Commonwealth v. Santiago

Annotate this Case

462 Pa. 216 (1975)

340 A.2d 440

COMMONWEALTH of Pennsylvania, Appellant, v. Benjamin SANTIAGO et al. COMMONWEALTH of Pennsylvania v. Sheila Ann SANTIAGO, Appellant.

Supreme Court of Pennsylvania.

Argued April 15, 1974.

Decided May 13, 1975.

*217 *218 *219 F. Emmett Fitzpatrick, Jr., Dist. Atty., Richard A. Sprague, First Asst. Dist. Atty., David Richman, Asst. Dist. Atty., Chief, Appeals Div., Maxine J. Stotland, Asst. Dist. Atty., Abraham J. Gafni, Deputy Dist. Atty. for Law, Philadelphia, for appellant.

David Weinstein, Philadelphia, for appellees, Benjamin Santiago and Isidoro Santiago.

Donald M. Moser, Philadelphia, for appellees, Manuel Santiago and Sheila Santiago.



NIX, Justice.

Appellees, Sheila, Manuel, Isidoro and Benjamin Santiago were convicted by a judge sitting without a jury in Philadelphia County. All four appellees were found guilty of illegal possession of heroin and conspiracy.[1] Each was sentenced to a prison term of two to five years. The indictments were laid under The Drug Device and Cosmetic Act, September 26, 1961, P.L. 1664, § 1 et seq., 35 P.S. § 780-1 et seq.

On appeal the Superior Court affirmed the convictions. Commonwealth v. Santiago, 223 Pa.Super. 493, 305 A.2d 378 (1973). That court, however, vacated the sentences and remanded the cases for resentencing under the new Controlled Substance, Drug, Device and Cosmetic Act, April 14, 1972, P.L. 165, No. 64, § 1 et seq. effective June 14, 1972, 35 P.S. § 780-101 et seq. (Supp. 1974-75). The Superior Court held that the sentences were illegal on the premise that the judge should have applied the *220 sentencing provisions of the new Drug Act of 1972. Because the Superior Court found the analogous crime in the new Drug Act to be simple illegal possession of heroin, their order would result in a sentence of not more than one year for each individual.[2] The Commonwealth appealed from the order of the Superior Court and we granted allocatur limited to a determination of which Drug Act applies for the purpose of sentencing. We also permitted Sheila Santiago to raise the issue of the refusal of the trial court to recognize the defense of coverture.[3]

On January 8, 1972, five officers of the Philadelphia Police Department went to the home of Manuel and Sheila Santiago to serve a search warrant. When the officers knocked on the door, Sheila Santiago appeared in an upstairs window and inquired as to what the officers *221 wanted. When Officer Ira Andrews announced his identity and purpose, she then called her husband who asked the same question. Officer Andrews answered them, but when the door was not opened, the officers forcibly entered with the use of a sledge hammer and ran upstairs to the second floor rear bedroom where they found the four Santiagos. As Officer Andrews entered the room, he saw Sheila Santiago throw something out of an open window. Upon retrieving it, the package was identified as a bundle of 25 packets of heroin. Seventeen other bundles were found on the bed, around which the other three appellees were seated. Also on the bed were strainers, spoons, razor blades, hundreds of empty glassine packets, and rubber bands. Two additional pouches containing another half a pound of heroin were found under the bed. The trial judge characterized this as a wholesale drug operation for cutting and bagging heroin which had an estimated "street value" exceeding $250,000.00.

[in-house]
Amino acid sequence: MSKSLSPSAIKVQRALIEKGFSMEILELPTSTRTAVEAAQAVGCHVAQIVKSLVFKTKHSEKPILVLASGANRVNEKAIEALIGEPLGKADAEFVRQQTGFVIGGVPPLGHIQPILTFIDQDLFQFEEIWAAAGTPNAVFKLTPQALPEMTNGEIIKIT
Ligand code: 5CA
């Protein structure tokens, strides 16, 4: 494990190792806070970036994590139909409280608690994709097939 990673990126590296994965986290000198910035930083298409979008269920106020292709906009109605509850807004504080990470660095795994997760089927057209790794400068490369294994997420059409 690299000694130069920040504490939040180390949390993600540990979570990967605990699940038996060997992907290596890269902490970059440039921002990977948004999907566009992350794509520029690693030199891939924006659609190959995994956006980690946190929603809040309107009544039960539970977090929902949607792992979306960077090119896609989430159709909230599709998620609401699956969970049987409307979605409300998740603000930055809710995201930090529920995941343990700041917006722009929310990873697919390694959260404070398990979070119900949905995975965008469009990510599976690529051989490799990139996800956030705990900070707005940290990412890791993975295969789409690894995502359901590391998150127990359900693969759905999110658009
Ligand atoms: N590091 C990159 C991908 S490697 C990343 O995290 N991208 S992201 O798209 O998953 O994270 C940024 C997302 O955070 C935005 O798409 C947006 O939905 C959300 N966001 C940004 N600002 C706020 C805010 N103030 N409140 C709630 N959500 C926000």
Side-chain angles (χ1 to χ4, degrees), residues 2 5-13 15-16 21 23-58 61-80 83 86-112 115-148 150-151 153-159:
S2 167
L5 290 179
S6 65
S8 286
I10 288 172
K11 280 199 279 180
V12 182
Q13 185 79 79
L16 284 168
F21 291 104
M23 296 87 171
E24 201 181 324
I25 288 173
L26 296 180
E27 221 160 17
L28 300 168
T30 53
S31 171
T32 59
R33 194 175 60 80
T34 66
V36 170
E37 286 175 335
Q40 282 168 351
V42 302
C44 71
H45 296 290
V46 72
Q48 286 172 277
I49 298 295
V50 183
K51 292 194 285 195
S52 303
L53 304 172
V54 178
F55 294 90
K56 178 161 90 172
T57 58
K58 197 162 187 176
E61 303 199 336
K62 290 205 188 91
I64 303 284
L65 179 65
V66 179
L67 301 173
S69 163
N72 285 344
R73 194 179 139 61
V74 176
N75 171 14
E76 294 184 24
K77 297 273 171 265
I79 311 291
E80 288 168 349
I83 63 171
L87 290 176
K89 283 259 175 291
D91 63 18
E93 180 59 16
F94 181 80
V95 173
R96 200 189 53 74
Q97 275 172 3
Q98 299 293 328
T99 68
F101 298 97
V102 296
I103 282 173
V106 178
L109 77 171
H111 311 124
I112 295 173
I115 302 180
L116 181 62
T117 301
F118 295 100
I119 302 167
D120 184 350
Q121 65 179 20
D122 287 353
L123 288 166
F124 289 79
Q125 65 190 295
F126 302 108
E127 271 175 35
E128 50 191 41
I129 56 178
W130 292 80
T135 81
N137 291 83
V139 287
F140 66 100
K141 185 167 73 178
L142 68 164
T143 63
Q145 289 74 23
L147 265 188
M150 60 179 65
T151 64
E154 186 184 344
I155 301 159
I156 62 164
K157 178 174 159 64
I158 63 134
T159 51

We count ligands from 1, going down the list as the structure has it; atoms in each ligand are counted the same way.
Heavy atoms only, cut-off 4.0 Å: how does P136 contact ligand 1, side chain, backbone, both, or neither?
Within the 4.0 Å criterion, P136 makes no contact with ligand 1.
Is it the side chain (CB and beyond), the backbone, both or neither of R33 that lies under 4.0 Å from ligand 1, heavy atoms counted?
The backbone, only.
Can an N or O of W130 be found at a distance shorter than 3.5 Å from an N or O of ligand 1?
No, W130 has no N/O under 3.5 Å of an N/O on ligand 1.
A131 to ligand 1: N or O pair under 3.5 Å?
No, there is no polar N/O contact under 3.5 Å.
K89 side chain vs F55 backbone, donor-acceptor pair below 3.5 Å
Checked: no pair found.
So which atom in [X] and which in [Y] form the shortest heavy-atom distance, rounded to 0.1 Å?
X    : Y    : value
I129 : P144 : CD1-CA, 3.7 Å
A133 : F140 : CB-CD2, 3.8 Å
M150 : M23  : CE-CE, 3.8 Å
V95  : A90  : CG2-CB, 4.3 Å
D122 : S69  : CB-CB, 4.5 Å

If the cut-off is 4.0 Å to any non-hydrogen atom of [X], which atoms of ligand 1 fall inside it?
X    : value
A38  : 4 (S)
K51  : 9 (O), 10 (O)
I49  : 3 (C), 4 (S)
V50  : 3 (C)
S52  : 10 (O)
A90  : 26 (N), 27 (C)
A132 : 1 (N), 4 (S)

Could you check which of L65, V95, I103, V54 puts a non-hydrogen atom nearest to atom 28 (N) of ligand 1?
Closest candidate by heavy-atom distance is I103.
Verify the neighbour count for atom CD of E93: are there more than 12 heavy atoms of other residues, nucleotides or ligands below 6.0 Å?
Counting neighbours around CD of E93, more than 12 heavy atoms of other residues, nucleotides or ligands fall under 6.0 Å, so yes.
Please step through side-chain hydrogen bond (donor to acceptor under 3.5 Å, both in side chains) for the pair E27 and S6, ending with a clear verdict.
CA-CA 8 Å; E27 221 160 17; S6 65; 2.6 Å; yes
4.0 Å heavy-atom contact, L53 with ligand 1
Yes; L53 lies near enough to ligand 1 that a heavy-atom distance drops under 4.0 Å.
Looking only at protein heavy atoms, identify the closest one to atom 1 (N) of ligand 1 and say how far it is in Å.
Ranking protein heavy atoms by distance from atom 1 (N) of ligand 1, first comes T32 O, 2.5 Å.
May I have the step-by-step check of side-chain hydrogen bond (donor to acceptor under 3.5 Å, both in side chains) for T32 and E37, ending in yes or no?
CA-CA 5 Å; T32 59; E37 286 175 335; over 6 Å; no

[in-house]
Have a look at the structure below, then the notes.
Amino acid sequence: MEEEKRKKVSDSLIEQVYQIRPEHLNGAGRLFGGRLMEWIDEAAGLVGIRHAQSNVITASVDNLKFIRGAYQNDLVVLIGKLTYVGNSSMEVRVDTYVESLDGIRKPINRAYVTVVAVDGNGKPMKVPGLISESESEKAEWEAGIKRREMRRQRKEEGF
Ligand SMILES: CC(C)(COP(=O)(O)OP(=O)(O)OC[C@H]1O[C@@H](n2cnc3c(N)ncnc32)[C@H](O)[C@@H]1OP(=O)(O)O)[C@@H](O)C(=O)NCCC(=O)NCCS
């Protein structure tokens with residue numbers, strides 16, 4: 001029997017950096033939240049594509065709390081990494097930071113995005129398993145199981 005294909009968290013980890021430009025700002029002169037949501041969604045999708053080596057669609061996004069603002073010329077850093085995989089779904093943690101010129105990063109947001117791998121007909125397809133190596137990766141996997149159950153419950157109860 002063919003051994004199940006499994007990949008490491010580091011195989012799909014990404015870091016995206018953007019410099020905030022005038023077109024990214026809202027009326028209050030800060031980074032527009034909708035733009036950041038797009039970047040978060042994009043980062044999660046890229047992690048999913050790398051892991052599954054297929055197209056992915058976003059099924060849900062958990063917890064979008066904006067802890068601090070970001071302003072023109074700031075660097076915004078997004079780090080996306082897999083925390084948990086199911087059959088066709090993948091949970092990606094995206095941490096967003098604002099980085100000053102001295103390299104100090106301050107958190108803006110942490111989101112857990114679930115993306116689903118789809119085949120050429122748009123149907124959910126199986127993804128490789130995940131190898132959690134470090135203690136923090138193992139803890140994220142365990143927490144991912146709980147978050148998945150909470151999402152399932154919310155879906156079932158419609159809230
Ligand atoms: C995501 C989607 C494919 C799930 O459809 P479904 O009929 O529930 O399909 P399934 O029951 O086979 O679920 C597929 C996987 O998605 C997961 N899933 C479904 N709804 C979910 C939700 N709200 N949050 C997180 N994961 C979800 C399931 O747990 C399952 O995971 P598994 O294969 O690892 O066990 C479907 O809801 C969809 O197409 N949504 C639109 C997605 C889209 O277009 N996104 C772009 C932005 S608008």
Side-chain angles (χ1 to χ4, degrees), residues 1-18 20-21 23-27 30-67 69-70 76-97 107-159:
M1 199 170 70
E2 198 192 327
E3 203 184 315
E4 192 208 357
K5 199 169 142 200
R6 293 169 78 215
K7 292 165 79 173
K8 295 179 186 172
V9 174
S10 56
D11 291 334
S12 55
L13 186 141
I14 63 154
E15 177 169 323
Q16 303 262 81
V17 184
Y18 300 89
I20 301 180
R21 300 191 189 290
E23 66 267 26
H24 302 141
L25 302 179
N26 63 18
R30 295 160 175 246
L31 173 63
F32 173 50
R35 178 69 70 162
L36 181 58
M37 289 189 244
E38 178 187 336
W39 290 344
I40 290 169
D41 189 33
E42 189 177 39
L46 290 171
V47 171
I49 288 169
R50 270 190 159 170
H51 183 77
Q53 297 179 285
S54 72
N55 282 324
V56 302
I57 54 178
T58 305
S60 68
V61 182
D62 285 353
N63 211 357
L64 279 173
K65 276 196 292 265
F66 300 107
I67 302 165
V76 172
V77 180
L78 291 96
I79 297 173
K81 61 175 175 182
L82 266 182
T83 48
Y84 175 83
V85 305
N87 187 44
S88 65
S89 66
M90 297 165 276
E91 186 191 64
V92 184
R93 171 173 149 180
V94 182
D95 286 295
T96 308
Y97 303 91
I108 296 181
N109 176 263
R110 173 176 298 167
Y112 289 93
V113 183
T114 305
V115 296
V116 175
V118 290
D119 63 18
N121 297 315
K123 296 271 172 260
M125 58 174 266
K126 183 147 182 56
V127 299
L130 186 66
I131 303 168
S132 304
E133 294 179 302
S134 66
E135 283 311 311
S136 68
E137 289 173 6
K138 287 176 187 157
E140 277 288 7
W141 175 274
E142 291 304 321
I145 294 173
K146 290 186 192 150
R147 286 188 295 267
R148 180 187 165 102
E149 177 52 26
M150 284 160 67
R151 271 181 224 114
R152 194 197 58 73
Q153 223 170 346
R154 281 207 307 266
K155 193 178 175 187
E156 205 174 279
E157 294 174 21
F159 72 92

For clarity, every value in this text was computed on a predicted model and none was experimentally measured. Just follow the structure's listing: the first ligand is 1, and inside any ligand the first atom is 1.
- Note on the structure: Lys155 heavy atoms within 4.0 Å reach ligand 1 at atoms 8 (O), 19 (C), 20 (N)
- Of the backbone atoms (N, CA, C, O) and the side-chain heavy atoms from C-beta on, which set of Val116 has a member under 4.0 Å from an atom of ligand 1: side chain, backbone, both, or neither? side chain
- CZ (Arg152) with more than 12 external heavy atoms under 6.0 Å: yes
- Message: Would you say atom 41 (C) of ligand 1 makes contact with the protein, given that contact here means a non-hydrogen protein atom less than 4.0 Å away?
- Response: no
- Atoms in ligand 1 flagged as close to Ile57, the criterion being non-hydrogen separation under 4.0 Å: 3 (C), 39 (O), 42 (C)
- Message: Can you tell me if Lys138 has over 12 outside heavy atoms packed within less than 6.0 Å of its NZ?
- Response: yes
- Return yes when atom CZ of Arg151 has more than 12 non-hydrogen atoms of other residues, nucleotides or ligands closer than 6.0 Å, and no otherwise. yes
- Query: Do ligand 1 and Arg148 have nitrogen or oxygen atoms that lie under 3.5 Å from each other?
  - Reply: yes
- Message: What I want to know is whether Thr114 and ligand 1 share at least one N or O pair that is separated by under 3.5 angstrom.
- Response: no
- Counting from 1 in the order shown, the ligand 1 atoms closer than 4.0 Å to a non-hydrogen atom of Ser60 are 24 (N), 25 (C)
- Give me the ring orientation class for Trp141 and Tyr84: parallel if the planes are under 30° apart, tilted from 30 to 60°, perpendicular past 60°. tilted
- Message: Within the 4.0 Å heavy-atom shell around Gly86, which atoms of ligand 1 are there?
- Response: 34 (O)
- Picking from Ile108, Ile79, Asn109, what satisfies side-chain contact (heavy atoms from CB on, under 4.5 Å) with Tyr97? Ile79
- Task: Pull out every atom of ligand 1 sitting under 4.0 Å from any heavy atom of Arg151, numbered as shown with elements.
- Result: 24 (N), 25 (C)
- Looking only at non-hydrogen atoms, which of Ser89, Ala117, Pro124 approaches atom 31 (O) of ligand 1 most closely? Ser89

After a review of the record we are satisfied that the order of the Superior Court must be reversed and the judgment of sentence of the trial court reinstated.

The new Drug Act applies to all cases not final as of June 14, 1972, which is the effective date of the Act.[4] The Santiagos were not sentenced until October 1972. At that time their case was not final when the new Drug Act went into effect. Commonwealth v. Goodman, 454 Pa. 358, 311 A.2d 652 (1973); Commonwealth v. Thomas, 450 Pa. 548, 301 A.2d 359 (1973). Cf. Linkletter v. Walker, 381 U.S. 618, 85 S. Ct. 1731, 14 L. Ed. 2d 601 (1965); Commonwealth v. Little, 432 Pa. 256, 248 A.2d 32 (1968).

*222 In Commonwealth v. Thomas, supra, we devised a formula by which we would determine whether the Drug Act of 1972 would affect a defendant's sentence. We stated:

"Three elements must be present before a pending prosecution can be governed by the new Controlled Substance Act: (1) the original offense charged must be similar to one set out in the new Act; (2) the penalties provided in the new Act must be less than those established by the prior law; and (3) the case must not be finally litigated." Id. 450 Pa. at 555, 301 A.2d at 364.